So on the way out, we stopped at a table where two ladies were selling cards.  A set of 10 is $10, and you get two cards each of four designs, themed for summer/flowers, wintertime, etc…and every design is created by a student at the school.  Last year I bought two packages, and I was planning to buy two more.  I chose two ‘summers’ and was about to pay when I first introduced myself.  “I’m Jonah’s mother,” I told them, figuring they’ll know who he is — he’s the only Jonah in the school.  “Oh!” one of the ladies said.  “Jonah has a design this year.”  And she pulled out the “winter” package. 

I immediately dropped the two others and bought two “winters” without even seeing Jonah’s design.  I was so eager to look through them, and amazed that Jonah’s artwork has been chosen for a card!  I mean, the designs are always pretty good – and some are really good.  But Jonah just isn’t interested in art or drawing.

Therefore, I found all this hard to believe.

The cards come in see-through plastic packages, and the card you can see through the front panel of the “winter” package is this:


Cool, right?   I thought so.  Here’s the next one:


Downright amazing, yes?  I was secretly hoping this one was Jonah’s – but no.  The third card out of four was next:


Nice use of cotton for the snow, right?   Another goodie.

So last comes Jonah’s masterpiece, entitled, simply, “Elf” — of course I loved that he did an elf…


It was all I could do not to crack up laughing right at the table.

I’m thinking to myself, this is the card in the box that people don’t even send.  I love it with all my heart, even as I laugh.  I’m so proud of my Boo.  You see how he signs his name?  He starts off on the right, with JON — then moves over to the left side to add AH.

HOPELAND ART AUCTION:  We’ll start the bidding at a hundred dollars.

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What’s amazing is how long it sometimes takes me to tell a tale of Jonah, or research something about a drug he’s taking, or read his progress report after I’ve opened and discarded the envelope.

There is one such progress report, in fact, sitting on the coffee table in front of me, right now – just an arm’s length & reach away from being read – but I don’t read it.  I don’t want to read it.  I don’t want to read about his goals to “independently identify six sight words,” with staff notes speaking of his wonderful progress to “read 5 sight words with 20% accuracy.”  I don’t want to call his residence at night to ask how he was and what he did that day, and I don’t want to know there’s a class-action lawsuit commercial on TV now against one of his med companies.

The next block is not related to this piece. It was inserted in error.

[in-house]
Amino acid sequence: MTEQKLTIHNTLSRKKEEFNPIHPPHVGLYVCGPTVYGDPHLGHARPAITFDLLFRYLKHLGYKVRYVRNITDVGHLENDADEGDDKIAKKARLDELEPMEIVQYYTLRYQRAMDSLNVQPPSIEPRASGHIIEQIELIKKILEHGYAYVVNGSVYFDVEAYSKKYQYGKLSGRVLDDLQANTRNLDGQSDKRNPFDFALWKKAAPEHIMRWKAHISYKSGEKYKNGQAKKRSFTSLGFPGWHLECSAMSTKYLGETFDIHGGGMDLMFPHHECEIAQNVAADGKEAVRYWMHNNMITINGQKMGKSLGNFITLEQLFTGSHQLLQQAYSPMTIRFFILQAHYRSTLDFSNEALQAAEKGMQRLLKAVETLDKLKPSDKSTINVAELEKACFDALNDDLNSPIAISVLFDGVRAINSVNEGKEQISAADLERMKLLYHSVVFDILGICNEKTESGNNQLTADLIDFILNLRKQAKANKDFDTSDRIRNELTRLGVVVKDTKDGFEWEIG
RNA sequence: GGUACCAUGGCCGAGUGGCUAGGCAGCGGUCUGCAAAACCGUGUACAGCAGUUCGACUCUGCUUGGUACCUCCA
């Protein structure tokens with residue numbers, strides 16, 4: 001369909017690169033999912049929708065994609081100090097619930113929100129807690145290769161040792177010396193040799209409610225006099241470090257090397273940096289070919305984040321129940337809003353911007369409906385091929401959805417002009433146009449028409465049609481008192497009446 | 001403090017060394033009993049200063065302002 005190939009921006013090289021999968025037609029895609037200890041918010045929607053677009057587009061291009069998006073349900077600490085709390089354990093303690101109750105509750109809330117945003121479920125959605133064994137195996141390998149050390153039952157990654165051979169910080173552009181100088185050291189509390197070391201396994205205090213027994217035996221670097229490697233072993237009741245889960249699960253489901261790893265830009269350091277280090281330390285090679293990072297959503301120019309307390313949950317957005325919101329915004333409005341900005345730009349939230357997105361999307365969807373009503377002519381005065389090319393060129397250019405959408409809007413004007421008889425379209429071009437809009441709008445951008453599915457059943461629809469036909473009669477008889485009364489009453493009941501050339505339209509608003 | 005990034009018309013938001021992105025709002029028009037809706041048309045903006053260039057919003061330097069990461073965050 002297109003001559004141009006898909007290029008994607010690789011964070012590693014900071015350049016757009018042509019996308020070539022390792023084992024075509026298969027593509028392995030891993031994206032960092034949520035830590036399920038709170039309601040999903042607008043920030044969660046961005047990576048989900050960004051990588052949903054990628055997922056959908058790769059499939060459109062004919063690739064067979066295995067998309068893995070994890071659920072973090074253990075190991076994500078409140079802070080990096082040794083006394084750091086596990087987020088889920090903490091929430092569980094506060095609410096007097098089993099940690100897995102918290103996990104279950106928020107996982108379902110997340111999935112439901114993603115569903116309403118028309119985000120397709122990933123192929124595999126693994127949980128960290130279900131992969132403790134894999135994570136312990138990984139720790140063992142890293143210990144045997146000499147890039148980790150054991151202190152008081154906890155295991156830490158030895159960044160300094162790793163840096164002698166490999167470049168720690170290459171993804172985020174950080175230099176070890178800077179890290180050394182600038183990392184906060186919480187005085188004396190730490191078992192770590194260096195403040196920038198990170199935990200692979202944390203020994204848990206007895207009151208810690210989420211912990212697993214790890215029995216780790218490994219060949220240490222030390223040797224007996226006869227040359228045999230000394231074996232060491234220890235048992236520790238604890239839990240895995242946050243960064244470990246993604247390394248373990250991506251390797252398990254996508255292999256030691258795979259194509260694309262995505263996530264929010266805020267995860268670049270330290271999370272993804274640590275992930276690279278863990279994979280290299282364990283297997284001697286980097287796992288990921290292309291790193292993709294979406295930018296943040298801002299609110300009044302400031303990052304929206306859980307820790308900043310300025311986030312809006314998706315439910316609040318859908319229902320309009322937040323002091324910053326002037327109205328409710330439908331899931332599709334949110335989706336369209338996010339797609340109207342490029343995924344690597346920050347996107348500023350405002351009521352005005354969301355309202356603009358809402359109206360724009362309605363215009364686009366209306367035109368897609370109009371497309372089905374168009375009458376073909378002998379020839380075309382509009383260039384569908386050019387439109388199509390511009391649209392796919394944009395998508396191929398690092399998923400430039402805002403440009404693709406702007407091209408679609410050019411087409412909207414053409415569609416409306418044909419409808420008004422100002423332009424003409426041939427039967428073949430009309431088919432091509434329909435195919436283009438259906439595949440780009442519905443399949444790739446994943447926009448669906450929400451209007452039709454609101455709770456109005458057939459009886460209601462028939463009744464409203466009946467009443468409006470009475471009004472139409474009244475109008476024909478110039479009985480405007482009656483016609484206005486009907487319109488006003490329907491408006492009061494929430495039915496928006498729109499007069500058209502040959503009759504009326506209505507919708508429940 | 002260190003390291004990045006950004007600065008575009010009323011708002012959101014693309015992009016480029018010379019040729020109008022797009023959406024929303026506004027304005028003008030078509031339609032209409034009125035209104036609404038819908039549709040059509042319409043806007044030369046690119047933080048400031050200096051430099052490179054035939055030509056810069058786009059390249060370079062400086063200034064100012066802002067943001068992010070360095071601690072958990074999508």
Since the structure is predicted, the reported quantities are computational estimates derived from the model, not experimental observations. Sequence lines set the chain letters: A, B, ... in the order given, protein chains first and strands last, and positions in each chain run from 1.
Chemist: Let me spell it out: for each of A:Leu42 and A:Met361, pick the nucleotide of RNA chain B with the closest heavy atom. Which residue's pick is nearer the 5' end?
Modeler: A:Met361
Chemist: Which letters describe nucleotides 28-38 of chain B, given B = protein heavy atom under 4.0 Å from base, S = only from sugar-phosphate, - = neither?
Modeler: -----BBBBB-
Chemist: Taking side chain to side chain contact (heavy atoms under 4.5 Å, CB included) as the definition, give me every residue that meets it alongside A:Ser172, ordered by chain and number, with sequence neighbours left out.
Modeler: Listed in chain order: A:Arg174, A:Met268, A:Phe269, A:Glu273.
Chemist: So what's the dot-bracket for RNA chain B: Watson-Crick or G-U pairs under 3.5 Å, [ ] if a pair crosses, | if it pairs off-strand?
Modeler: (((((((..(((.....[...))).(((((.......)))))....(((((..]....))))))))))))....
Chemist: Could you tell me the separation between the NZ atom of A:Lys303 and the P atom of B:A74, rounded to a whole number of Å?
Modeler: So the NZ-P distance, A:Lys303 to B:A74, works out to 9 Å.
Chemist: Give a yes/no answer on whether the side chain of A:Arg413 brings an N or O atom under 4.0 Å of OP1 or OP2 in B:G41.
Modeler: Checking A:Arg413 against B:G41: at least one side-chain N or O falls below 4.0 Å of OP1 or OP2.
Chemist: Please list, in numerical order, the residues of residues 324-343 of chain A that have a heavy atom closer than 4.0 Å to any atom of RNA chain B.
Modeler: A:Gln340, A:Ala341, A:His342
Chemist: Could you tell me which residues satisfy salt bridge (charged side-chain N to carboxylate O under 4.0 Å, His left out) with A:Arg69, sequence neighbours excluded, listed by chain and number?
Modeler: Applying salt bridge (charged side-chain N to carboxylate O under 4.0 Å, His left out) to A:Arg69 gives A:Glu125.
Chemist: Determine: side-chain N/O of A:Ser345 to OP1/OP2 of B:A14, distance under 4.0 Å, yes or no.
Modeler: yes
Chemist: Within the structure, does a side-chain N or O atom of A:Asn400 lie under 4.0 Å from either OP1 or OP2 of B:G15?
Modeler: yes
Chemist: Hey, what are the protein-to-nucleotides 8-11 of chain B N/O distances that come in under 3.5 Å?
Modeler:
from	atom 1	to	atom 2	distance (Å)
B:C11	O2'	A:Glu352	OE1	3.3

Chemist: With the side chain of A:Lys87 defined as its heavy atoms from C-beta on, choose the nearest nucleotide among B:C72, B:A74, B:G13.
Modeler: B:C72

I approached a renowned autism doc (his cousin is my mom’s neighbor) about different meds but he wouldn’t touch my question with a 10-foot-pole, answering in his e-mail back to me that he could not comment.  I e-mailed my neighbor Chung Wen’s son, who is a doctor, and more specifically his field of study is pharmacokinetics, (how drugs get in and out or metabolized), and he has offered to help me, so I finally sent him the list of meds.  I wanted to wait until Jonah’s meds stabilized post-eye-op, so it wasn’t until this morning that I sent the e-mail.

If he replies, I guess I won’t want to read his e-mail either.  I want to know there is away out of this for my boy and I have a sinking feeling there isn’t.  I am afraid to mess with his meds.  I guess I’ll have to see if any of the questions I’ve thrown around get answers.

The wonderful thing about everything, however, is how Jonah has been happy lately, a silly boy laughing with his mischievous sense of humor (splashing water out of the tub, running & jumping around and trying to avoid a capture to dry off)…on Saturday I heard my favorite words, “more kiss,” many times.

Of course more kiss! 

When Boo is in a lovey mood it melts my heart.  I love when he’ll pause in all his joyful silliness to lay on the big blue bed with me and have quiet time, lying facing each other and giggling.  This lasts a minute long at best but carries me through many a night.

I took a bunch of pictures on my new LG Spectrum 2 phone (whatever that means) and have yet to figure out how to download things onto my computer.  I hate reading manuals and so my knowledge consists of much trial and error, and a lot of “I’ll figure that out later.”

I don’t understand how I can download an app that turns my phone into a flashlight, for instance, but I haven’t the ambition to wonder why.  Perhaps as you enter middle age (is that where I am at 44?) your mind can’t wrap itself around some of what is coming up behind and all around you, particularly in the realm of technology.  I hear tell they’ve invented an actual invisibility cloak and light saber. The mind reels.

One thing I dislike is waiting to be divorced.  It’s just a slow process.  The mediator wanted to know my new health insurance company, and then they have to mail edited shit to Andy, and then I have to bring it all into the office (I guess by coinflip I am the plaintiff here) and then I hope it’s over soon.  It is much harder emotionally than I thought it would be, even after the years of separation.

I have to not think too much about how it was when Andy and I first dated, and married, and how it used to be until Jonah-Boo, the “baby-est angel,” was 7 months old and my best friend Gina suicided, shotgun to the head.

Maybe that was the beginning of the end in a lot of ways.  I don’t know.

I guess I don’t want to know.